But for the general public, a word like “strain” is often interpreted to mean a whole new scourge. “I think the use of the term ‘strain’ does little more than cause panic,” says Jeremy Luban, a virologist at the University of Massachusetts Medical School in Worcester. “It doesn’t really get at what the important issues are.”

SARS-CoV-2 coronavirus and single-stranded RNA
The genetic material for coronaviruses is made up of single-stranded RNA (pictured in yellow). Changes, or mutations, to single nucleic acids (protruding lines in this illustration) in that RNA can either be silent — meaning nothing changes — or alter a small portion of one of the virus’s proteins.Vchal/iStock / Getty Images Plus

Most mutations aren’t dangerous

A mutation can affect a virus in a number of ways, but only certain kinds of mutations might make the virus more dangerous to people. Perhaps the change shields the virus from the immune system, or makes it resistant to treatments. Mutations could also alter how easily the virus spreads among people or cause shifts in disease severity.

Luckily, such mutations are rare. Unfortunately, they can be hard to identify.

A preliminary study published May 5 at, for instance, found a mutation in the SARS-CoV-2 spike, a protein on the outside of the coronavirus that allows it to break into cells. This new variant is now found more often in places like Europe and the United States than the original form of the coronavirus. That may mean the change makes the virus more transmissible, the authors concluded. But the study lacked laboratory experiments to support the claim.

Other explanations could also explain the pattern. The SARS-CoV-2 variant with the mutation could have ended up in certain regions thanks to random chance — a person infected with a virus that had the new mutation just happened to hop on a plane — and might have nothing to do with the virus itself. The study didn’t provide enough evidence to distinguish among the possibilities.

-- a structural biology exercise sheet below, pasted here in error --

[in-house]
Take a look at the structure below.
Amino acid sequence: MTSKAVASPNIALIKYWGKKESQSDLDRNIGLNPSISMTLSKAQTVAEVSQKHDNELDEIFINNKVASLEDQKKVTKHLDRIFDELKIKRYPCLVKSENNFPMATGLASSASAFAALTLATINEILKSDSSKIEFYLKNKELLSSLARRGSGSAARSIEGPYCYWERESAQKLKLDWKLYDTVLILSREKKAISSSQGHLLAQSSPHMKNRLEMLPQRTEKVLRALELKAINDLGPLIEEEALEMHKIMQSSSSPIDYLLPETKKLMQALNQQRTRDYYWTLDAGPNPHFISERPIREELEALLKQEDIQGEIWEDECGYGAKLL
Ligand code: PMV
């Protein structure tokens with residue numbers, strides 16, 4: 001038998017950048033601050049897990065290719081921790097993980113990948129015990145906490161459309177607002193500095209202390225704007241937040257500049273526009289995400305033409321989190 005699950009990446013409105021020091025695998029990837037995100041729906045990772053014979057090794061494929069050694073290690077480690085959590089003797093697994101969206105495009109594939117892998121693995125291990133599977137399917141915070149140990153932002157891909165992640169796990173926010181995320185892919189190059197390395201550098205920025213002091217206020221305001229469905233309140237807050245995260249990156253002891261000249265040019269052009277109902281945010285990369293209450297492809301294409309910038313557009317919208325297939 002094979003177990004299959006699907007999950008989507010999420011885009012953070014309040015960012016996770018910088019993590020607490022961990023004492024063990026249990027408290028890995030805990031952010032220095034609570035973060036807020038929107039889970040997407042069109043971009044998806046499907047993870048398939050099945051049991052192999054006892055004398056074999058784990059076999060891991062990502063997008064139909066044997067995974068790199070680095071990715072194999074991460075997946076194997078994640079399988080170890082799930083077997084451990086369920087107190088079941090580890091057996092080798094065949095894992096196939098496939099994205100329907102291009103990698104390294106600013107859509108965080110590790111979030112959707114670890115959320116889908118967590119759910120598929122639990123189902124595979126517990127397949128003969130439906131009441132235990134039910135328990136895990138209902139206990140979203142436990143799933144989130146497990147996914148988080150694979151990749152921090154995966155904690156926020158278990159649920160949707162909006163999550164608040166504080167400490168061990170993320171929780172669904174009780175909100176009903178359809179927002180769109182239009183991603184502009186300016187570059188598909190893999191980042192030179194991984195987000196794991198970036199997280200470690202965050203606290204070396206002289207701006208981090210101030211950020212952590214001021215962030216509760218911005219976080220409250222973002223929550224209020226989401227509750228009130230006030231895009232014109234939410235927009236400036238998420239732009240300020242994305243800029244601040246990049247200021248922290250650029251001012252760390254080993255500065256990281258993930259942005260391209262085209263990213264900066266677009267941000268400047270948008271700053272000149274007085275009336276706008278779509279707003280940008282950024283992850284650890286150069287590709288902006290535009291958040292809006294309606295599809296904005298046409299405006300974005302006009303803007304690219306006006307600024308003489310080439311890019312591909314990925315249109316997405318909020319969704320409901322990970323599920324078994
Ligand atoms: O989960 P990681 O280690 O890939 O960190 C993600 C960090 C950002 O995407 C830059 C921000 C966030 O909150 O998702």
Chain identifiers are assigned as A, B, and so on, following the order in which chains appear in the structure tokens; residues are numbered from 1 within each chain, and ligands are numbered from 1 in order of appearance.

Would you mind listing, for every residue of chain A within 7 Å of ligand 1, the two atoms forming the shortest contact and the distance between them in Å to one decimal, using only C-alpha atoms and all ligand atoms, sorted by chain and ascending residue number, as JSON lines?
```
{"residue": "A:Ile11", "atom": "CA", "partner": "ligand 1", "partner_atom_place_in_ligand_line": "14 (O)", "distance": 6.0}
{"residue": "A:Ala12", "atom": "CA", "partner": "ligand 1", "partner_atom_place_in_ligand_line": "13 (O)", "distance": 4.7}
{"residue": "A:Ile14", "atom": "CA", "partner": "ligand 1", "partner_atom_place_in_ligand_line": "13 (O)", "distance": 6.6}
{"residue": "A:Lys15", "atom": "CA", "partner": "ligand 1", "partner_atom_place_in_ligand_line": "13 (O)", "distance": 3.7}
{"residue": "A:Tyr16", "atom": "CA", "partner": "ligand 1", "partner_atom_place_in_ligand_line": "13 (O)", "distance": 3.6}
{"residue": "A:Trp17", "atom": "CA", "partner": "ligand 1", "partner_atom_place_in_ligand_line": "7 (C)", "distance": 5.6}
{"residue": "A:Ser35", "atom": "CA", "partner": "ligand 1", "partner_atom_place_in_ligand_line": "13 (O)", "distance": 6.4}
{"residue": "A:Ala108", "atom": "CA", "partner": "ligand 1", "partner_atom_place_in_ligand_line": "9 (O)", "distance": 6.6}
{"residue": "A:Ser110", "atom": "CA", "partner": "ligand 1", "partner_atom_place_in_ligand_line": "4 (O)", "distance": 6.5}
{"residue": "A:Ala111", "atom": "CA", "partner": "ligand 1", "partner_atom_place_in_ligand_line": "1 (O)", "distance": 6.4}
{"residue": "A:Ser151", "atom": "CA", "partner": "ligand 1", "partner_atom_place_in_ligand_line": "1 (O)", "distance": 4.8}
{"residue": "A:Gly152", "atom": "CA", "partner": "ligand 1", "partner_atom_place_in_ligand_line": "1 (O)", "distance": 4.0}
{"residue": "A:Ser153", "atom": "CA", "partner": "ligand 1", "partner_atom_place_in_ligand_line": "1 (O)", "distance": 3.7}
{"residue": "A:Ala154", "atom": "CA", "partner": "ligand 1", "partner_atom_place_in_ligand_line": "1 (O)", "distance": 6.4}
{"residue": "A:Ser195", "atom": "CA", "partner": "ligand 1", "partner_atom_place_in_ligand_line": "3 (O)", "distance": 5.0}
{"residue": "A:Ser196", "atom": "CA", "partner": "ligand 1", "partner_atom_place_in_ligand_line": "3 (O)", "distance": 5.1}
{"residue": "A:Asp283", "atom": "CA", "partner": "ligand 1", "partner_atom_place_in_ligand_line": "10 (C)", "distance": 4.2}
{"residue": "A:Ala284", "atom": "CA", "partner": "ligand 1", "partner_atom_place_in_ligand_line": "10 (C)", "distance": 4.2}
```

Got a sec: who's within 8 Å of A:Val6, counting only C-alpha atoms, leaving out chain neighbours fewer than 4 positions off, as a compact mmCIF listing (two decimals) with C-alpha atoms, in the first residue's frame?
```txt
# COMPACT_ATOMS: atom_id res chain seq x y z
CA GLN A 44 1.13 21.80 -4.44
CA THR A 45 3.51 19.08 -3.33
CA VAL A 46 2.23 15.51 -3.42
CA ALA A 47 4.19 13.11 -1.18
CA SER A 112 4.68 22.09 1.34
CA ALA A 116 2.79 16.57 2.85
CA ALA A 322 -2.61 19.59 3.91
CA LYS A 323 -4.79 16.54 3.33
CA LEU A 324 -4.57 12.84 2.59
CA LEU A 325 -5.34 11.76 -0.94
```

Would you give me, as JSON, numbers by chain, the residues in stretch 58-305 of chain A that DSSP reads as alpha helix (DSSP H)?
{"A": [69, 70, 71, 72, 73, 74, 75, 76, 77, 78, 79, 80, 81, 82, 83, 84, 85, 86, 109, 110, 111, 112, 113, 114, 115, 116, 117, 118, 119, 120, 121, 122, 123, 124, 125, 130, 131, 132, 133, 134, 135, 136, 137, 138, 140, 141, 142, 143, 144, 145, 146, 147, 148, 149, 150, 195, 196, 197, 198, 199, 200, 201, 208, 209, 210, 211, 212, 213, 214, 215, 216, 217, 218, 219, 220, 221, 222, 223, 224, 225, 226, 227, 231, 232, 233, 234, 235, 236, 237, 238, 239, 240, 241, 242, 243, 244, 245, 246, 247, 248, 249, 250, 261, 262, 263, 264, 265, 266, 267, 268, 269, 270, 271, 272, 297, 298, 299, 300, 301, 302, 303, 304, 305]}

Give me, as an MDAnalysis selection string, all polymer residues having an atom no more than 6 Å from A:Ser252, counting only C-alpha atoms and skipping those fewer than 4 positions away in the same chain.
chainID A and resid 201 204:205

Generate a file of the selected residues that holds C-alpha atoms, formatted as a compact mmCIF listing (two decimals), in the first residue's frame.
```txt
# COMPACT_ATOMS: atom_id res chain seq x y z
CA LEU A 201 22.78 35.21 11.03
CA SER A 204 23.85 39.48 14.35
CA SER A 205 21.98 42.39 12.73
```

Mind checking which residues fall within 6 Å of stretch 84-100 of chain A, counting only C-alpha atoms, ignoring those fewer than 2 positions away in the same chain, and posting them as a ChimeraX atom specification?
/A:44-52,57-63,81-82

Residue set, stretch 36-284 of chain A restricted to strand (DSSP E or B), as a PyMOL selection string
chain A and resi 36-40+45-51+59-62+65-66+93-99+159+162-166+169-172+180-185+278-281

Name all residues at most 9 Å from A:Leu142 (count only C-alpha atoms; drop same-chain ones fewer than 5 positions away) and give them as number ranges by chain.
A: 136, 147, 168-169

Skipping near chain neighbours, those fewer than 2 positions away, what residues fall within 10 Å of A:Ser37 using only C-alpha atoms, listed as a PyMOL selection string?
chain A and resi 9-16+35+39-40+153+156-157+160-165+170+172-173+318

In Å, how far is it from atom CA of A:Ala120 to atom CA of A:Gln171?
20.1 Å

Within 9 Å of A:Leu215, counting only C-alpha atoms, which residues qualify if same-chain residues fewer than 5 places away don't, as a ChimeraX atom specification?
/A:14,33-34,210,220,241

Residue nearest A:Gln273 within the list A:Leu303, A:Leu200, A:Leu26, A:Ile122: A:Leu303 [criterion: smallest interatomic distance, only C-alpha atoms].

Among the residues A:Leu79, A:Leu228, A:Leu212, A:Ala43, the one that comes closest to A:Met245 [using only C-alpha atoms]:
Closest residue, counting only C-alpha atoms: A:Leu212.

“What I think has been potentially confusing to people is that we’re watching this very normal process of [viral] transmission and mutation happen in real time,” says Louise Moncla, an evolutionary epidemiologist at the Fred Hutchinson Cancer Research Center in Seattle. “And there’s this real desire to understand whether these mutations have any functional difference.”

‘Take a deep breath,’ experts say, and expect mutations

To understand whether a single mutation changes how the virus works, “it’s not just going to be one experiment,” Bowie State virologist Debbink says. “It takes a lot of research.”

In addition to examining genetic sequences of viruses from coronavirus patients all over the world, researchers will also rely on studies in lab-grown cells or animals. Such studies could help pinpoint whether viruses with particular mutations behave differently. Competition experiments — where two different viruses are mixed in cells in a dish or used to infect an animal — can help scientists figure out which variant is more successful at making copies of itself, that is, which one “wins.”

Other types of tests could reveal if mutations in the coronavirus’ spike protein alter how strongly it attaches to the protein on human cells that allows it to get inside the cells, virologist Luban says (SN: 2/3/20), or whether changes modify how easily the virus gets into a cell after binding.

But lab results might not provide the full picture either. “Just because something’s different in a cell doesn’t necessarily mean that it’s different when you scale that up to the whole human body,” Hodcroft says. “At the end of the day, you’re going to need some animal studies or some really good human data.”

These studies take time. Meanwhile, more coronavirus mutations are guaranteed to pop up over the coming months — and experts will continue to track them.   

“The data will tell us whether we need to worry, and in what way we need to worry,” Moncla says. “Everyone should take a deep breath and realize that this is exactly what we’ve always expected to happen, and we don’t necessarily need to be concerned.”

Erin I. Garcia de Jesus is a staff writer at Science News. She holds a Ph.D. in microbiology from the University of Washington and a master’s in science communication from the University of California, Santa Cruz.